THE BRITISH LIBRARY

Medieval manuscripts blog

01 December 2018

A calendar page for December 2018

It’s December! Hard to believe that 2018 is almost over. But before the year comes to an end, we’ve got a few things to thresh out, literally …

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Calendar page for December, made in southern England in the first half of the 11th century: Cotton MS Julius A VI, f. 8v

This is the page for December in a 1000-year-old calendar made in southern England. You can currently see the calendar on display in the British Library’s once-in-a-generation Anglo-Saxon Kingdoms exhibition.

The page for December is accompanied by an image of men threshing and winnowing grain. Grain was harvested in ears. To separate the kernels out from the husks, the ears of grain were beaten with flails, as seen on the left of the image.

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Detail of threshers: Cotton MS Julius A VI, f. 8v

There was then a second process, winnowing, to ensure the edible parts of grain were separated out. Traditionally, winnowers toss the kernels in a basket or winnowing-fan. The heavy, edible kernels fall back down, while the undesirable chaff blows away.

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Detail of man with a marked stick: Cotton MS Julius A VI, f. 8v

In the middle of the image, there is a man with stick which is not a flail. It has a serrated edge near the top, and horizontal lines all the way down. Another depiction of it can be found in a related calendar (Cotton MS Tiberius B V/1, shown below). This might be another farm implement, but Debby Banham and Ros Faith have suggested that this man might be an overseer with a tally stick, counting how much grain had been prepared.

This gives a precious insight into the organisation of farming and landscape in 11th-century England. Very few notes on day-to-day farm work survive: the only exception seems to be the Ely Farming Memoranda (also on display in our Anglo-Saxon Kingdoms exhibition). The organisation and records of English farming were part of the reason England became such a wealthy kingdom, and this organisation underpinned the impressive administrative achievement of Domesday Book. (At the risk of sounding like broken record, you can even see Domesday Book in the Anglo-Saxon Kingdoms exhibition.)

Cotton_ms_tiberius_b_v!1_f008v counting
Detail of man with a marked stick: Cotton MS Tiberius B V/1, f. 8v

In the Julius Work Calendar, two men carry off an enormous basket, presumably filled with useable grain. In the Tiberius Work Calendar, the two men with a basket seem to be approaching the threshers, perhaps bringing the ears of grain to be threshed.

Cotton_ms_tiberius_b_v!1_f008v
Detail of men winnowing and threshing: Cotton MS Tiberius B V/1, f. 8v

As with earlier tasks featured in this calendar, threshing might not have been the most seasonal activity for December. However, it might have been linked to December because threshing was a major Biblical metaphor. Since threshing is the process that separates useful, edible grain from inedible husks, it was used in both the Old and New Testaments as a metaphor for judgement, for separating the good from the bad. This metaphor might have been particularly appropriate for Advent, which starts in December. Advent is the period before Christmas in the Christian liturgical year. Today it is associated with chocolate calendars, but in Anglo-Saxon England it was a time of fasting and penance, like Lent, as people prepared themselves for the holy feasts.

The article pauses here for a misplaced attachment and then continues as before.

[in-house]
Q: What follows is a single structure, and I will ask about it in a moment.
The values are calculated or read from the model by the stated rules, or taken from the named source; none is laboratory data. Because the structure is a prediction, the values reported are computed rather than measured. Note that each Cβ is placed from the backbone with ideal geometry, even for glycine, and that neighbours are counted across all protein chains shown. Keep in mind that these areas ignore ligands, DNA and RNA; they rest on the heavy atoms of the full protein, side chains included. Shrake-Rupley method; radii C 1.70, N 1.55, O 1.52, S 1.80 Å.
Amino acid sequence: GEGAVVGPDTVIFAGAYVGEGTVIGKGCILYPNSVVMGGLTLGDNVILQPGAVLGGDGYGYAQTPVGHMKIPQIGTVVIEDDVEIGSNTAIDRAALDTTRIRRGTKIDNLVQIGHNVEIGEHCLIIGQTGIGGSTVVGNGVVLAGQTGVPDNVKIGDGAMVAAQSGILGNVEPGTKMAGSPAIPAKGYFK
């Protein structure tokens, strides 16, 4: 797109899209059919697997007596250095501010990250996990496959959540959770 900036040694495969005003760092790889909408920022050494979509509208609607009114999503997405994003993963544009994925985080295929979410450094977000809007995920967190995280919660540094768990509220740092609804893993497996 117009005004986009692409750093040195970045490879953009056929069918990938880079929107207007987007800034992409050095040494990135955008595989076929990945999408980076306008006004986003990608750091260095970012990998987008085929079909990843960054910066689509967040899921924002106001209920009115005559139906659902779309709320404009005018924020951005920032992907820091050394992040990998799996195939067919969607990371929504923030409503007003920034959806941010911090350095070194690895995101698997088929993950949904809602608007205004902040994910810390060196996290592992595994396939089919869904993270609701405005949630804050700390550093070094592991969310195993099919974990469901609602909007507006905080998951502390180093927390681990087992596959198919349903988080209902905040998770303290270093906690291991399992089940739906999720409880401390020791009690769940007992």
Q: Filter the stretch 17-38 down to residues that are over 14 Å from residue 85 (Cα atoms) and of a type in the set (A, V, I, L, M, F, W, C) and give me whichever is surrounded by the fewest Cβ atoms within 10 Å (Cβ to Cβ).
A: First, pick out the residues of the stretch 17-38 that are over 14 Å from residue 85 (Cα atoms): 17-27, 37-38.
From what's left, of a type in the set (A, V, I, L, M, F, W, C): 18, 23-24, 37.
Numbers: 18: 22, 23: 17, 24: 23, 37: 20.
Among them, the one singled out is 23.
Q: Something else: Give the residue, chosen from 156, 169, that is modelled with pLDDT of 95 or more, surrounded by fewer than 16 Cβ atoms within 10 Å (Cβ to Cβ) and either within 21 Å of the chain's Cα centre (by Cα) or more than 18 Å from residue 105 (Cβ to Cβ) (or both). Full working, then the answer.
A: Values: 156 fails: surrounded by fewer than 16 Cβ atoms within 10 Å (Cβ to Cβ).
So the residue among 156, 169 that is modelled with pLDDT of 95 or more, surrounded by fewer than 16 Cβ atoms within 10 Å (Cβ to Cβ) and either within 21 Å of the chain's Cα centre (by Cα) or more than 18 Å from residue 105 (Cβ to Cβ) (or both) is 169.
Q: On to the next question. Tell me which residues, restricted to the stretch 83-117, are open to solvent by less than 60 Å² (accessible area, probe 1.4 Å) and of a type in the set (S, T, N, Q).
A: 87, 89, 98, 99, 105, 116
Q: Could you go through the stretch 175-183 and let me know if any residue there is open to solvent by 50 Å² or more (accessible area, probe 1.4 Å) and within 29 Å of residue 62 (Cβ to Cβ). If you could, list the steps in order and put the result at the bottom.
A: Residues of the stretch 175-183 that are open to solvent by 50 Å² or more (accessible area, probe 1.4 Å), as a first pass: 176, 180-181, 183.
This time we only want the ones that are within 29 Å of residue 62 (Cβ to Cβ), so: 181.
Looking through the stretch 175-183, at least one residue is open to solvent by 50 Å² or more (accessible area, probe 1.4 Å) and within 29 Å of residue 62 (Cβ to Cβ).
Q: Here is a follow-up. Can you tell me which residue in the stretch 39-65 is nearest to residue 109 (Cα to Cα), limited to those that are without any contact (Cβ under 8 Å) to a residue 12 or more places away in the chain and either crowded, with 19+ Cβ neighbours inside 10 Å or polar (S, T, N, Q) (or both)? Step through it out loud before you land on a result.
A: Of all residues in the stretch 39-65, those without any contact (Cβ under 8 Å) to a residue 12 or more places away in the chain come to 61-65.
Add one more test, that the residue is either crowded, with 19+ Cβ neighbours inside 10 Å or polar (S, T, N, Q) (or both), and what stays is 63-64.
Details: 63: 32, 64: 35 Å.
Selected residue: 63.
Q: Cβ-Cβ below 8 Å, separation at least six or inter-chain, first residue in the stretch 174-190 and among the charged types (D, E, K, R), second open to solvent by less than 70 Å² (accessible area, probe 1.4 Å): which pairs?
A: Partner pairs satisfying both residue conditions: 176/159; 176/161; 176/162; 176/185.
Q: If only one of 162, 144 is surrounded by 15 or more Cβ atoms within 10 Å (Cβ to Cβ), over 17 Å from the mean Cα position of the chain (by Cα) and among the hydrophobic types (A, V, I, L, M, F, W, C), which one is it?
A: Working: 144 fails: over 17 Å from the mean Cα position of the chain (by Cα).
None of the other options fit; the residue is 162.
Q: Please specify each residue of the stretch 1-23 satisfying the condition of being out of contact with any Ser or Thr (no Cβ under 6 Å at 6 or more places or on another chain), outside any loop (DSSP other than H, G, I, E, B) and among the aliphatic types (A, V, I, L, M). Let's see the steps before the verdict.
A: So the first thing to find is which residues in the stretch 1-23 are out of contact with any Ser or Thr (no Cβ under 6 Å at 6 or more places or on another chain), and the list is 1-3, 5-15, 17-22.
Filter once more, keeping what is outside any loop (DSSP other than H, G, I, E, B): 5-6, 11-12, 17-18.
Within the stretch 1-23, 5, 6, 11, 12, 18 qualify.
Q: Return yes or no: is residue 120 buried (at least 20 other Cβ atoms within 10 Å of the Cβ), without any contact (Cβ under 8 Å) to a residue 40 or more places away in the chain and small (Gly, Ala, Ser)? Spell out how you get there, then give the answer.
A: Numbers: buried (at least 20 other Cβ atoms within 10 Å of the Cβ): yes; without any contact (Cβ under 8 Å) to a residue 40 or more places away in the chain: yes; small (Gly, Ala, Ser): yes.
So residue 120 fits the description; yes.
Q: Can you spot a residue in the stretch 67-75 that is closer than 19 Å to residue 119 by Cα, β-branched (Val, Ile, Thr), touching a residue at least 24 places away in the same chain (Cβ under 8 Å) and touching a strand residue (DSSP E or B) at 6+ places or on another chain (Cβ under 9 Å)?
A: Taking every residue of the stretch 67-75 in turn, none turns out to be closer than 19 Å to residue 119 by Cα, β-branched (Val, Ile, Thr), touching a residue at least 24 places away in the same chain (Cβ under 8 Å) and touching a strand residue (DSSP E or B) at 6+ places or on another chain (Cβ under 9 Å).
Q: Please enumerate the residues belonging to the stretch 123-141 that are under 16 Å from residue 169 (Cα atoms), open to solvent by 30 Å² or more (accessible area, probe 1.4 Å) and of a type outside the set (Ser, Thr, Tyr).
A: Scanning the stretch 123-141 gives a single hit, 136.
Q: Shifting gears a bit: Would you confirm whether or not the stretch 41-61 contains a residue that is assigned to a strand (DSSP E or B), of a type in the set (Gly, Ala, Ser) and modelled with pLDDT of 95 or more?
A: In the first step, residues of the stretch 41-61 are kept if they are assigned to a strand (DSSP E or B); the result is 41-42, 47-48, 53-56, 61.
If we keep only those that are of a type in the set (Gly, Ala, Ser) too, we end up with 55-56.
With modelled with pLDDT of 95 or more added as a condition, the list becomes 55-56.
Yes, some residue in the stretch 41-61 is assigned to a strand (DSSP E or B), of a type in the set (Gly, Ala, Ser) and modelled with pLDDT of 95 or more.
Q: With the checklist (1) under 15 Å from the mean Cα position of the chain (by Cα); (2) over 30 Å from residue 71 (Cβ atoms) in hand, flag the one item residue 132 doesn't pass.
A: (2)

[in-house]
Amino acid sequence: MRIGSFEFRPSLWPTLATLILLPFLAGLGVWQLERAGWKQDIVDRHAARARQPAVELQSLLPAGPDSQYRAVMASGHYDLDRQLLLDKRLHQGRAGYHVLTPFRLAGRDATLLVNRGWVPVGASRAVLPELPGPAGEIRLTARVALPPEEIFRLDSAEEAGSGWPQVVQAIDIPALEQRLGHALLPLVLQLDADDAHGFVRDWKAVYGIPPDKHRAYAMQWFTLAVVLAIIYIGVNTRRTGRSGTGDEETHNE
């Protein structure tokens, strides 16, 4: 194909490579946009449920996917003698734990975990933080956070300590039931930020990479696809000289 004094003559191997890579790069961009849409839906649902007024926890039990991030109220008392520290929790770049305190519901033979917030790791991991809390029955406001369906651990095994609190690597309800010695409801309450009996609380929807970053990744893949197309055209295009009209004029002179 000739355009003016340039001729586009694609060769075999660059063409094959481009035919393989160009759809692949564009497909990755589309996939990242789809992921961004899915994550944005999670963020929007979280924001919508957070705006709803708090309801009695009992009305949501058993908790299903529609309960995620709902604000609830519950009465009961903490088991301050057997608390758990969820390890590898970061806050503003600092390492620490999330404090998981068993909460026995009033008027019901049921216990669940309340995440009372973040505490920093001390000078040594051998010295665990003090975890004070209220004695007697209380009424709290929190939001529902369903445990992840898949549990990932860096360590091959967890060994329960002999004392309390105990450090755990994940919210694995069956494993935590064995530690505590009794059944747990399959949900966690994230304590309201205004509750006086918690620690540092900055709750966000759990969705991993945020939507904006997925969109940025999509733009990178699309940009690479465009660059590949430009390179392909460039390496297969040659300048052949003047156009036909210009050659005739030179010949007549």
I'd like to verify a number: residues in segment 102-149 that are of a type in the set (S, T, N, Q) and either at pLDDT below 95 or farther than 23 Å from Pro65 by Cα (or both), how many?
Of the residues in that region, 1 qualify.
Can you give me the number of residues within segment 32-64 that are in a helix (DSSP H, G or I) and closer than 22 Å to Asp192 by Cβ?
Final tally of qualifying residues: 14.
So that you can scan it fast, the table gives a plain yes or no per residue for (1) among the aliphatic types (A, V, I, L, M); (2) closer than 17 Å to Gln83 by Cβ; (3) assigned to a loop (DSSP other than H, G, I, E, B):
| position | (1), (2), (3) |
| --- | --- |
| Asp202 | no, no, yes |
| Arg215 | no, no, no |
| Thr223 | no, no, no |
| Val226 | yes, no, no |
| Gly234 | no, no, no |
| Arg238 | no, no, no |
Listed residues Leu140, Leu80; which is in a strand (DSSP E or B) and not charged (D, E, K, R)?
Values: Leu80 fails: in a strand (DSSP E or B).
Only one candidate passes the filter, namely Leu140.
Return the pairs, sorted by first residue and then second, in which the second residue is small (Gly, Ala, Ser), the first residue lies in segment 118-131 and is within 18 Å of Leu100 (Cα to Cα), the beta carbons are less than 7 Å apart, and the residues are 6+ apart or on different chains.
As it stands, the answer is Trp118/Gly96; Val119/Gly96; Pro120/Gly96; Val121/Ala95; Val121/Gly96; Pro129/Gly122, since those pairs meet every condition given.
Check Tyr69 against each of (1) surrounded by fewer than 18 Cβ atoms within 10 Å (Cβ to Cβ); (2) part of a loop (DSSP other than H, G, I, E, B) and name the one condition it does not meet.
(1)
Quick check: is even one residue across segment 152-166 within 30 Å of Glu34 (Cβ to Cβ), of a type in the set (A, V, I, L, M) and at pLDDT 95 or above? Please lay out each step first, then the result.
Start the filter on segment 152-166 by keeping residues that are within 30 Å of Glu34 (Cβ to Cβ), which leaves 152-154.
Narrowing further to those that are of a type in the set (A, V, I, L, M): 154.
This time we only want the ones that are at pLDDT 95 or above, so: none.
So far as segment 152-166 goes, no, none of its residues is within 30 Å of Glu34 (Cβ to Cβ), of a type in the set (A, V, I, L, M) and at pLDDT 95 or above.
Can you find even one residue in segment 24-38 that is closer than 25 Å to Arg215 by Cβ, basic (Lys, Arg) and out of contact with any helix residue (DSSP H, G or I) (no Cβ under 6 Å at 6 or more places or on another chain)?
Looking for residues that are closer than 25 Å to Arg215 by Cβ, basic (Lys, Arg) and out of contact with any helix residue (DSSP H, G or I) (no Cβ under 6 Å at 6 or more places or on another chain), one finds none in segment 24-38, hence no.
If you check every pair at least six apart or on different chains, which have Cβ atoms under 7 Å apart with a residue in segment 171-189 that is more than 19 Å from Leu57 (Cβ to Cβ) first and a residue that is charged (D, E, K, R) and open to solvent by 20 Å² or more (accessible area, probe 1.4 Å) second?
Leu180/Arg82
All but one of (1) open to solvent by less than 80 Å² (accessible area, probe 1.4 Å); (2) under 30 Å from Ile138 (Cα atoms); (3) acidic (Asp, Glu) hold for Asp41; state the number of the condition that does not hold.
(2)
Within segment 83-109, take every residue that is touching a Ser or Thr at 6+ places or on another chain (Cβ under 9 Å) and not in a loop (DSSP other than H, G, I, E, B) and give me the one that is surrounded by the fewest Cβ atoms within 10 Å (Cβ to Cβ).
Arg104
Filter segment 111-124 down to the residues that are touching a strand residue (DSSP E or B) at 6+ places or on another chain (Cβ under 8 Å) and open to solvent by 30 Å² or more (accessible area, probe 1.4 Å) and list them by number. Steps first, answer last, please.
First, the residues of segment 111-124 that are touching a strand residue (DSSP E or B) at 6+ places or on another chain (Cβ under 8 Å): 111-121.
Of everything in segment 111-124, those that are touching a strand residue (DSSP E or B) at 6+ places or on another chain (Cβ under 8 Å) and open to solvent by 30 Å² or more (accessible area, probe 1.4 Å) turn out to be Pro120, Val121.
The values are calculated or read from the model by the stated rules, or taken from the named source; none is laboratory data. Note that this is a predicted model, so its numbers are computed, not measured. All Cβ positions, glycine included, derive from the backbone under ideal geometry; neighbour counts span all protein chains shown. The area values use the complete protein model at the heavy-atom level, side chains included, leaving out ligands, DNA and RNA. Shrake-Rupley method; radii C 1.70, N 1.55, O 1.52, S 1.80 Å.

There are a number of feasts highlighted with a gold cross in this calendar, all grouped towards the end of the month. The first of these falls on 21 December, the feast of St Thomas the Apostle which was also, the calendar notes, the Winter Solstice. Thomas was a popular saint in Anglo-Saxon England, and several Old English accounts were made of his life. Even the writer Ælfric was obliged to write an account of St Thomas’s life: he initially refused because other versions existed and because he and St Augustine had some doubts about some of the miracles attributed to Thomas. Their objection was not to the idea a miracle would happen, but because these stories portrayed Thomas as vengeful, taking delivery of a severed hand after its owner had slapped him.

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Christmas and the following feast days marked out with a gold crosses: Cotton MS Julius A VI, f. 8v

The next major holiday marked in the calendar is one we still celebrate today: Christmas. Learn more about how Christmas was celebrated in 11th-century English monasteries here. Then as now, Christmas kicked off a whole series of festivities: the next three days in the calendar are also marked out in gold. On 26 December is the feast of St Stephen, the first Christian martyr. Rather luridly, the verse in the calendar describes him ‘swimming in blood’. This is followed by the feast of St John the Evangelist and then the feast of the Holy Innocents, the massacre of children in Bethlehem.

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Detail of Sagittarius: Cotton MS Julius A VI, f. 8v

At the top of the page, there is information about astrological changes in December, including a roundel depicting the constellation Sagittarius. Sagittarius is here depicted as a centaur, with his cape billowing out elegantly behind him.

Harley_ms_2506_f039v
Detail of Sagittarius, from a copy of Cicero's Aratea in a collection of astronomical texts made in Fleury in the 990s, with drawings added a few years later by an English artist: Harley MS 2506, f. 39v

Whatever is on your own calendar for December, we hope you have a great month. And if you are looking for something to do over the winter holidays, the British Library has an interesting exhibition on at the moment …

Alison Hudson

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